Sunday, September 20, 2015

Do You Rule Your Devices or Do They Rule You?

I’m not highly religious, but I try to attend synagogue during the Jewish “high” holidays of Rosh Hashanah (Hebrew New Year) and Yom Kippur (Day of Atonement). It’s a combination of guilt, lifelong habit and trying to set a good example for my half-Jewish sons that drives me to show up every year.
Do I enjoy attending services? Not really. Even though our temple is architecturally striking and the choir is first-rate, the timing of the Holidays always seems inconvenient. While my schedule blows apart in the secular world, time slows to a crawl in the sanctuary as we await instructions to rise-chant-sit-rise again-chant-and-sit, half a dozen times over a two-hour period before more lengthy passages of Hebrew ensue.
My watch seems frozen in time. The clouds filling the overhead skylights seem not to move. And it always feels like two pages backward for every page forward as we slog our way through the prayer brook (in the Hebrew tradition of right to left). How could time move so slowly in this fast paced world?

As is probably the case in your house of worship, cell phones and mobile devices are forbidden. My sons, like most of the congregants under the age of 80 start to get physically ill as they Jones for a little hit of electronic stimulation to make the time pass. Like most congregants, they don’t want to miss a critical tweet, post or text from the rest of the “gentile” world that’s enjoying a day off from school or a slow day at work.

But I’ve grown to like the technology deprivation tank most people call the synagogue. First of all, it’s the only time of the year in which I don’t feel like I’m racing the clock 24/7, feeling hopelessly behind schedule. It’s also great to go 120 straight minutes without having to react to a message, make a decision or put out a fire. I do some of my best thinking in the sanctuary, too. It may not be about my faith, or atoning for my sins or communicating better with the spouse and family….but some pretty good ideas have come out of my High Holiday sits. For more on this topic see our recent post I Do My Best Thinking in a (MRI) Tube.

Finally the Shofar blasts. The congregation sings Adon Olam, we shake hands with those in neighboring seats and we’re “released” from the temple. I have a renewed sense of energy and fulfillment. I wish I could attribute it to reconnecting with my faith and the inspiring chants and life lessons. Truth be told, it’s more about getting the battery recharged.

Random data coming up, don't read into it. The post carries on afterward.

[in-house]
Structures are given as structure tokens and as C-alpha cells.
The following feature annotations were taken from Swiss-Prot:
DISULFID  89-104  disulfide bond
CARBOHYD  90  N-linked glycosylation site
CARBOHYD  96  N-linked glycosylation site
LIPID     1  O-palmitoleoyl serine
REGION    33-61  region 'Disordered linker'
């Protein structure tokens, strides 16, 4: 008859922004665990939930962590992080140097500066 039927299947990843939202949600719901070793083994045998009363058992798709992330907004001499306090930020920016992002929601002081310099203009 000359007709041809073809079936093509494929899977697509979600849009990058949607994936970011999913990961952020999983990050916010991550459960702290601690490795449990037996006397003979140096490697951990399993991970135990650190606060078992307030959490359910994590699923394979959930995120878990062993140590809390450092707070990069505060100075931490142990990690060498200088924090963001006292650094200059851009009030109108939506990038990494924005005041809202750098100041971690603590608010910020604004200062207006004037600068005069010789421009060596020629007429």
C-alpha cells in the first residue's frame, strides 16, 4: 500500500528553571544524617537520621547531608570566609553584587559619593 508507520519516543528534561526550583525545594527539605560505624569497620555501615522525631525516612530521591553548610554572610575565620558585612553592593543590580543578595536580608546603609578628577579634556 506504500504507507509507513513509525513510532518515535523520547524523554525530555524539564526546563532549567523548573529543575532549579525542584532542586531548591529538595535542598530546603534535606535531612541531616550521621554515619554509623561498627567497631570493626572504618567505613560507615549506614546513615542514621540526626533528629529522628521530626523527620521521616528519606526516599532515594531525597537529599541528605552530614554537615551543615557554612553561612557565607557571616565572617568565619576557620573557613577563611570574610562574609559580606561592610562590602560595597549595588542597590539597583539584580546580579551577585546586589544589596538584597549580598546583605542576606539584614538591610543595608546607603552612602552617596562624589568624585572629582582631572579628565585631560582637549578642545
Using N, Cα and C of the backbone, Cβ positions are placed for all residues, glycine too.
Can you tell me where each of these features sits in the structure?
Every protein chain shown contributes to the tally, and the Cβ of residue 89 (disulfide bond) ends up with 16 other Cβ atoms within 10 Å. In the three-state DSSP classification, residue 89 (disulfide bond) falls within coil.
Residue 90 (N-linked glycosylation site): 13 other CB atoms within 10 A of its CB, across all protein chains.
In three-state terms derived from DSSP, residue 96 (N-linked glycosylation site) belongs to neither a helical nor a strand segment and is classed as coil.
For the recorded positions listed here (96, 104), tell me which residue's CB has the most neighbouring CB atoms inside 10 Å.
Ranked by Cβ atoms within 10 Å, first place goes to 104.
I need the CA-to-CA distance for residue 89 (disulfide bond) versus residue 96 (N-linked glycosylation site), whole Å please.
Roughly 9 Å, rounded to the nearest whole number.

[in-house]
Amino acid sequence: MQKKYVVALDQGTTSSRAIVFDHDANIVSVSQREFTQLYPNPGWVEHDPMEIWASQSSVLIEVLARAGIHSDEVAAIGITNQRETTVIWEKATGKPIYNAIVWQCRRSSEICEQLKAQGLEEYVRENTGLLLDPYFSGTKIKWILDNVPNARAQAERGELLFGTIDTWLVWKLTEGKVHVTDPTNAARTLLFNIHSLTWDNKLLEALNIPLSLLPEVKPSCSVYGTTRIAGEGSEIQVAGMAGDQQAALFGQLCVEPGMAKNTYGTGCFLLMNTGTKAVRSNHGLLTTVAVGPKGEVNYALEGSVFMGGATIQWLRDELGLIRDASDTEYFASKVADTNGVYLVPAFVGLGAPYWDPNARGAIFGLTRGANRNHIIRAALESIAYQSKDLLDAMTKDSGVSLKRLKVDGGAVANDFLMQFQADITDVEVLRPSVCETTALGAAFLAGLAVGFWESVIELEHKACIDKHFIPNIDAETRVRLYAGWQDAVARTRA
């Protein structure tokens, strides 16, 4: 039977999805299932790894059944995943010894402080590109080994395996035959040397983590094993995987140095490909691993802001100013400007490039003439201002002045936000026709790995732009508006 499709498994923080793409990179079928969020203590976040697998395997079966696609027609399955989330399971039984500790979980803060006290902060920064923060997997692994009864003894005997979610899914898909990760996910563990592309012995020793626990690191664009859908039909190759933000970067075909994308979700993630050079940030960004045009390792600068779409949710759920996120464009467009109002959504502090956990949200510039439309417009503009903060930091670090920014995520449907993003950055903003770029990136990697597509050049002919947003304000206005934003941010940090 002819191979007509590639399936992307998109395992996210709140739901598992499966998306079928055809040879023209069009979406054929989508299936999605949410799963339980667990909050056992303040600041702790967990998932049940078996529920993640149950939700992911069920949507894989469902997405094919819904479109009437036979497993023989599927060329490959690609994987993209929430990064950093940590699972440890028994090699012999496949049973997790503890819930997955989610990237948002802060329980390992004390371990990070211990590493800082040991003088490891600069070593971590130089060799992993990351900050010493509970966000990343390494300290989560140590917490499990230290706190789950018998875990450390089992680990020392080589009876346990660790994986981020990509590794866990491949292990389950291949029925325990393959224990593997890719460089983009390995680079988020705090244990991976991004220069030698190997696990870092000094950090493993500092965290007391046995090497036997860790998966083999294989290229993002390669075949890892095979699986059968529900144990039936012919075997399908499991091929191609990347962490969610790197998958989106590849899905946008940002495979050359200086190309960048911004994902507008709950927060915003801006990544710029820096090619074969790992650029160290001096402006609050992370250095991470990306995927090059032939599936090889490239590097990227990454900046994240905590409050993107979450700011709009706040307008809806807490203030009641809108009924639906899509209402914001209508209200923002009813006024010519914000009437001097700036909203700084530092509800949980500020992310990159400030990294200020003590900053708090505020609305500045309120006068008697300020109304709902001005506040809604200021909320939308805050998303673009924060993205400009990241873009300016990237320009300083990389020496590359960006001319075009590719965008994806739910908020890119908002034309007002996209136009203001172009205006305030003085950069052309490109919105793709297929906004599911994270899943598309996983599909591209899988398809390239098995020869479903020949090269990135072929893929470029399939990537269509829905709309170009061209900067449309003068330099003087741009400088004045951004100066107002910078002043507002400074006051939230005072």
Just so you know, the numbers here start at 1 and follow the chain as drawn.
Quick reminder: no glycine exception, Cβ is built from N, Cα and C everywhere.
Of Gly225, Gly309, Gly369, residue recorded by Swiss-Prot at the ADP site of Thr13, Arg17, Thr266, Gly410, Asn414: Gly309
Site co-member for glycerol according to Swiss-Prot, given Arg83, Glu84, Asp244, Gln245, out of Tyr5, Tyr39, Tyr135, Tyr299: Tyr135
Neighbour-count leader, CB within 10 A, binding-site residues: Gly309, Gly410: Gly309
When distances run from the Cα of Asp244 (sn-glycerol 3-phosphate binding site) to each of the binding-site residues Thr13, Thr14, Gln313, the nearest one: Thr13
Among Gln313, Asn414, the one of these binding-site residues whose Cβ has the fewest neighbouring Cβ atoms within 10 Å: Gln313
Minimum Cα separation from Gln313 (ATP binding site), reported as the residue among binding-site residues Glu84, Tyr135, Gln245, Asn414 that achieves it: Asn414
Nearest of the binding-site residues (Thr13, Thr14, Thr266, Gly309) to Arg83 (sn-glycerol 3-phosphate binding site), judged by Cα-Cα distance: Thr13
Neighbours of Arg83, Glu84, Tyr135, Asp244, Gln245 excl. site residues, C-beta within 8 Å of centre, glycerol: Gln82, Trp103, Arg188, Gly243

I sense I’m not the only one who feels that way. Our rabbi is a superb orator with a keen sense of humor and timing. He knows most of us are not regulars at the temple and he often finds a way to connect with us. Last week, while we were anticipating a moving sermon about the state of Israel, tensions in the Middle East or how to our young people more involved in the temple he threw us a curve ball and talked about the tyranny of technology. He also told us about the annual National Unplug Day in early March which is all about slowing down our lives in an increasingly unplugged world and taking a Sabbath from the wired world.

Rabbi proudly wears an Apple watch, but he showed us how technology has blurred the line between work and family time. Technology has unchained us from our desks and cubicles, so we can get work down anywhere we happen to be any time of the day. By the same token, it has OBLIGATED us to get work done 24/7/365 wherever we happen to be at any time of the day. There are no more boundaries between work and family life the rabbi lamented and he also said that thanks to technology, our communication with each other has become too superficial. Electronic communication is more convenient, sure, but us the rabbi pointed out—sending a quick text or email, takes a lot less effort and emotional commitment than making a phone call, writing a litter or heaven forbid, seeing each other face-to-face.

We want to meet you in person

To that end, we’re doing our best to meet each and every one of your in person, and we had some great meals and meetings over the best month with clients in the Bay Area, Boston, Portland Maine and New York City. Next step is Denver.

Yom Kippur starts tomorrow night. Most years I do try to fast for 24 hours (with moderate success) but I’ve been experimenting with a 24 hour technology fast every weekend since last fall—usually from mid-day Saturday to mid-day Sunday. I recommend you try it some time, regardless of your faith.

Have a great week and a wonderful new year. Get unplugged, call your mother and start living life.

Our blog has more about this and related topics.


TAGS: Tyranny of technology, Yom Kippur, Rosh Hashanah, best thinking in unlikely places

No comments: